Location: New York, NY
Marital Status: Married
Education: BA, English, Boston University; MA, American Studies, City College of New York
I often say that I was born in 1944 but raised in the 15th century, because although I was born in Waterbury, CT, a New England factory town, post-WWII, I grew up in a large southern Italian family where the rules were absolute, and customs antiquated. My sister and I were doing the jitterbug to Chuck Berry’s “Maybellene” coming from the radio on the kitchen counter, my father was singing Nat King Cole songs in the shower and my grandfather was singing “Vicin’ ‘O Mare,” and “Non sona più la sveglia” under the grape arbor.
So begins Joanna Herman’s memoir, The Anarchist Bastard, which chronicles her coming of age in an Italian immigrant family on a farm in Waterbury, Connecticut. The ensuing 244 pages paint a portrait of her iron-worker father, homemaker mother, and an extended family overflowing with legends, customs, food, animals, wisdom, comedy and tragedy. The writing is so rich and the stories so colorful that you have to remind yourself you’re reading about events in New England, and not in the “backwater” towns of Tolve and Avigliano, in Basilicata, Italy—where the clan’s routes can be traced. We chatted with Joanna about the incredible push-pull she felt from her family—and how she learned to negotiate it and make her life her own.
One of the most prevalent themes in the book is how tight-knit your large family was—almost like the Marines. How would you describe it?
Your family is crucial. If somebody needs you, you run at the drop of a hat. That is the work of your life. To be a cohesive unit. You have a beautiful social group when you’re relaxing, eating… That’s the appeal of it; you’re never lonely. The thrill of human communion is always there.
What is the main drawback to all this family closeness?
Ambition is frowned upon. You’re not supposed to want for yourself—only for the greater good. I’d arrive home from college, and my mother would immediately go, ‘My hairdresser’s daughter just had a baby; we have to go over there.’ I mean, ‘What?!’ When I was in grad school, working on a paper about my family’s culture, I found out my dad had had a heart attack. He was okay, but my mom expected me to drop everything and tend to him, even if it meant failing out of school. Here I was, studying the roots and drawbacks of that mentality, and it was being impressed upon me at the same time.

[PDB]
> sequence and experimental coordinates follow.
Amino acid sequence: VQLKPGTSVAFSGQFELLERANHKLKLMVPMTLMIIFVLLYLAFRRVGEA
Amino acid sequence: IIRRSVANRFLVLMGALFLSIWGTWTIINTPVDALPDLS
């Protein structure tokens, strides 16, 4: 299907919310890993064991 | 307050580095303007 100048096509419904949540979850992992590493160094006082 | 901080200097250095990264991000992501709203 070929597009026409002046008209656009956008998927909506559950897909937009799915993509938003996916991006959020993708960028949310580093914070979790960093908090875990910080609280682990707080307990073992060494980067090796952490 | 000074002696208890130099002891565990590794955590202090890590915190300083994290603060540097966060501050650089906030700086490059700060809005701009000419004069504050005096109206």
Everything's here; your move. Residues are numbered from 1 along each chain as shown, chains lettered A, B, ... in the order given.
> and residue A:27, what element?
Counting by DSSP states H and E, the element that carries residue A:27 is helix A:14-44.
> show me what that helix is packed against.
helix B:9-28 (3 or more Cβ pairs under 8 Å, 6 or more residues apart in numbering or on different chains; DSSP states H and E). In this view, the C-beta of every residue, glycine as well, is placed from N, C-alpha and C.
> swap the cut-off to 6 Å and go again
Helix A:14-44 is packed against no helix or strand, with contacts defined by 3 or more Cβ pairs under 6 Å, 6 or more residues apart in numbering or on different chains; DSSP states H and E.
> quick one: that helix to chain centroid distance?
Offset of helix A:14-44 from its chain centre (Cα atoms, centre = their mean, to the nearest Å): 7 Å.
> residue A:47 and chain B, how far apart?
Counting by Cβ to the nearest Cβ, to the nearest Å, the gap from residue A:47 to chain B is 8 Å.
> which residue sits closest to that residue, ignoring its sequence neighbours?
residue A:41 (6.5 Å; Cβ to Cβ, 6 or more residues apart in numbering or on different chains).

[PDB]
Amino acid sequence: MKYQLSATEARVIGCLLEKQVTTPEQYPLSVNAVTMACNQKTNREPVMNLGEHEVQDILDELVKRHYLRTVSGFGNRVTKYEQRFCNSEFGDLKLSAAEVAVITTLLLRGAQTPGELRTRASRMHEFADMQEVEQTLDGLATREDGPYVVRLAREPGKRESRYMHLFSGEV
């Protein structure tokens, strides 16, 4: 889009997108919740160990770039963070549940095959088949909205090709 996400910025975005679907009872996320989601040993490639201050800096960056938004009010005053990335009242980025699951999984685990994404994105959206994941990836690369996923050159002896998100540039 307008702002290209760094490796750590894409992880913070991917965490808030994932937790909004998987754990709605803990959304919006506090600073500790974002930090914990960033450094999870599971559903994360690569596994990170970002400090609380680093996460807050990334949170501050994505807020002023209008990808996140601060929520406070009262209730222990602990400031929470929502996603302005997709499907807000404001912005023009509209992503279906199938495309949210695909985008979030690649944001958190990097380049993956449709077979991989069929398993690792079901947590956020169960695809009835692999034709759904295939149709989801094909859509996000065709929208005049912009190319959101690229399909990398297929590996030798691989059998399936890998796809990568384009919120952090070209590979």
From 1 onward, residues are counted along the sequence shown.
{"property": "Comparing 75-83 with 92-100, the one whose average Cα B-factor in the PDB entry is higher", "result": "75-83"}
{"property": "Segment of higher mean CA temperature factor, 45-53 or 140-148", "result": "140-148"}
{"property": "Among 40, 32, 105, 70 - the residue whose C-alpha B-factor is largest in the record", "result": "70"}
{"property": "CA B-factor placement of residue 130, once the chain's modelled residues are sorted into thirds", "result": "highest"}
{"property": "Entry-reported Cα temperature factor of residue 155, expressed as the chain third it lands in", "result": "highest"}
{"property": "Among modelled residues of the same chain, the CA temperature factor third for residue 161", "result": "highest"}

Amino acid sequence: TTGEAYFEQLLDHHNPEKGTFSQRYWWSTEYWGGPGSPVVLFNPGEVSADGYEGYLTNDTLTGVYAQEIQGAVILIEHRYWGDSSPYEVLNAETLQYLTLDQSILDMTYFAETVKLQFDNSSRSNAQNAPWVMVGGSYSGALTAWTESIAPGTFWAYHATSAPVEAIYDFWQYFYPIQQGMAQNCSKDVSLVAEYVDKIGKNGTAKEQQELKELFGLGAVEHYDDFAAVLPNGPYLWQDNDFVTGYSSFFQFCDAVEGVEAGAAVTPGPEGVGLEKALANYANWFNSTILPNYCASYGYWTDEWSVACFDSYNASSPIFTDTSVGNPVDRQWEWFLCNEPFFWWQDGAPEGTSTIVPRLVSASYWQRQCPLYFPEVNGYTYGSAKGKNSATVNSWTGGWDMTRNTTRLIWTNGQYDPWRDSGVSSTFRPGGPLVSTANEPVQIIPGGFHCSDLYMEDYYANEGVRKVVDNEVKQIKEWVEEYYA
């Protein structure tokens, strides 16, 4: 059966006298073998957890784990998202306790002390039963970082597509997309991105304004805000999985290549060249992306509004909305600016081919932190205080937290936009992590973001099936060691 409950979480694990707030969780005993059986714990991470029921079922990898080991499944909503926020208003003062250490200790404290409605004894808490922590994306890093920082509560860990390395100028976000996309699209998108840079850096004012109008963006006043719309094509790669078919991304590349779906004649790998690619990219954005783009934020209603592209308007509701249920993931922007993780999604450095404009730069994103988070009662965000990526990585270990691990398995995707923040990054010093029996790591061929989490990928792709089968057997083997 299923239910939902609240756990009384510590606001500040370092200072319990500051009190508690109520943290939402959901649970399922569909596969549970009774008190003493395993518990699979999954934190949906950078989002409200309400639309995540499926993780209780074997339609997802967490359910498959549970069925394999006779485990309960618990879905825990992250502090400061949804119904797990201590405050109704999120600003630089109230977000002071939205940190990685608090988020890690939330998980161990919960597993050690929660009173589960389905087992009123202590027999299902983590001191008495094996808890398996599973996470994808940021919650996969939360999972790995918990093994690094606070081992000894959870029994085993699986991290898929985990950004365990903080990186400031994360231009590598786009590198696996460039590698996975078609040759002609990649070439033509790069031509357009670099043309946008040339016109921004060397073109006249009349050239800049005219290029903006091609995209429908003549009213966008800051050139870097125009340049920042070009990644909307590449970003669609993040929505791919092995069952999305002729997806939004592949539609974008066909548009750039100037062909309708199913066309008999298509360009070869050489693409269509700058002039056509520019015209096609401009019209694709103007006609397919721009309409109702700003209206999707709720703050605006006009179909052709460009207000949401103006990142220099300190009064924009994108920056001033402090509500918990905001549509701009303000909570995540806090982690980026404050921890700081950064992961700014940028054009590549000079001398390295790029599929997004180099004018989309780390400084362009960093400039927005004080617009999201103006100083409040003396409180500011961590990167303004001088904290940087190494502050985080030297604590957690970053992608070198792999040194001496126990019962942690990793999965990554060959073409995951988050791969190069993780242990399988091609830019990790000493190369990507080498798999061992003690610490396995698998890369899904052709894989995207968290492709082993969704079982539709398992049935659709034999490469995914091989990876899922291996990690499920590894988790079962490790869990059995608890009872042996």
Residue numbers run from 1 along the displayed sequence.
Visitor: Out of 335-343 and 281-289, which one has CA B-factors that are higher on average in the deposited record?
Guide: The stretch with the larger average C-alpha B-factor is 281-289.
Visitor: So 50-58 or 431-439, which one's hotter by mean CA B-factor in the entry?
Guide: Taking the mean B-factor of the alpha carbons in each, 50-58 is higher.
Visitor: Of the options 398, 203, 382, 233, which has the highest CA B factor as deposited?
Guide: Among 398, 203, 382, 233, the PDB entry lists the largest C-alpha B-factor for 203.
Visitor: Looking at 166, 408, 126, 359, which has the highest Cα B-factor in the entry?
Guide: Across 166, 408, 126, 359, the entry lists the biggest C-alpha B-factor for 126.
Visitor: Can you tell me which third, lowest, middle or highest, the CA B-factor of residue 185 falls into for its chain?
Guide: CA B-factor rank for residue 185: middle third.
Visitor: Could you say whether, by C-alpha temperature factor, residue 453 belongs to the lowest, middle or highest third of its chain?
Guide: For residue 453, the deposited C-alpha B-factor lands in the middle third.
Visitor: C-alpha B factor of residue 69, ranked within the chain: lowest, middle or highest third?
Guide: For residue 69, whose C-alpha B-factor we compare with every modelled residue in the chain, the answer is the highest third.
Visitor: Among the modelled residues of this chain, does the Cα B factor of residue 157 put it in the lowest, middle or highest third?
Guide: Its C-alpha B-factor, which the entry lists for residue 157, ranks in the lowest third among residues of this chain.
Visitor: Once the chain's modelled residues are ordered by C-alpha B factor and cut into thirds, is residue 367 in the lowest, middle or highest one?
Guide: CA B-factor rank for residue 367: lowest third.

Why is the culture like that?
Our ancestors were constantly being invaded. Basilicata is this peninsula that sticks out in the middle of the Mediterranean, with ports everywhere and a road up to Europe. It was the perfect place for everyone to invade. The Pheonicians, the Carthiginians. The Greeks. The Etruscans. Everybody came, took all their goods, married or raped their women… So the indigenous people turned inward, further and further, to protect themselves from their new bosses. They sacrificed their individuality to find strength in numbers.
Would your grandparents have shared that theory—on why the culture is so insulated?
They’d say: ‘[We’re like that] because we’re poor. We’re real low. The most remote, most isolated, and poorest.’ They would have stopped there, without looking for the deeper roots of it. Whatever you grow up doing, and continue doing your whole life, is so close to you. You don’t think about it in the same way you might if you stepped back from it. It took me a long time to discover why my family was like that.
When did you begin to realize it?
I went to Tolve and D’avinagno with some of my family in 1964. We walked into that town and I thought, “Oh! I see! I see why my mother does that.” We couldn’t walk ten yards without a dozen people accosting us, asking who this person was, what that person was up to. In New York, I might have thought, ‘I don’t know these people. What business is it of theirs?’ And it was like that all day, every day. That was the beginning of being able to see it all from a distance. Seeing how deeply connected we were to the customs of this old country, where there was no individualism.
Is it still so old-fashioned over there?
Not totally. Today in Italy, you see these little old ladies, then you see their granddaughters with punk orange hair, and they’re walking arm in arm. Italy is able to incorporate both old and new and keep them integrated. But here, we didn’t know how to integrate it. We came with our ancient ways, and everything was ancient, modern, ancient, modern. Bringing the old customs over and integrating them at the same time was too much for the first generation.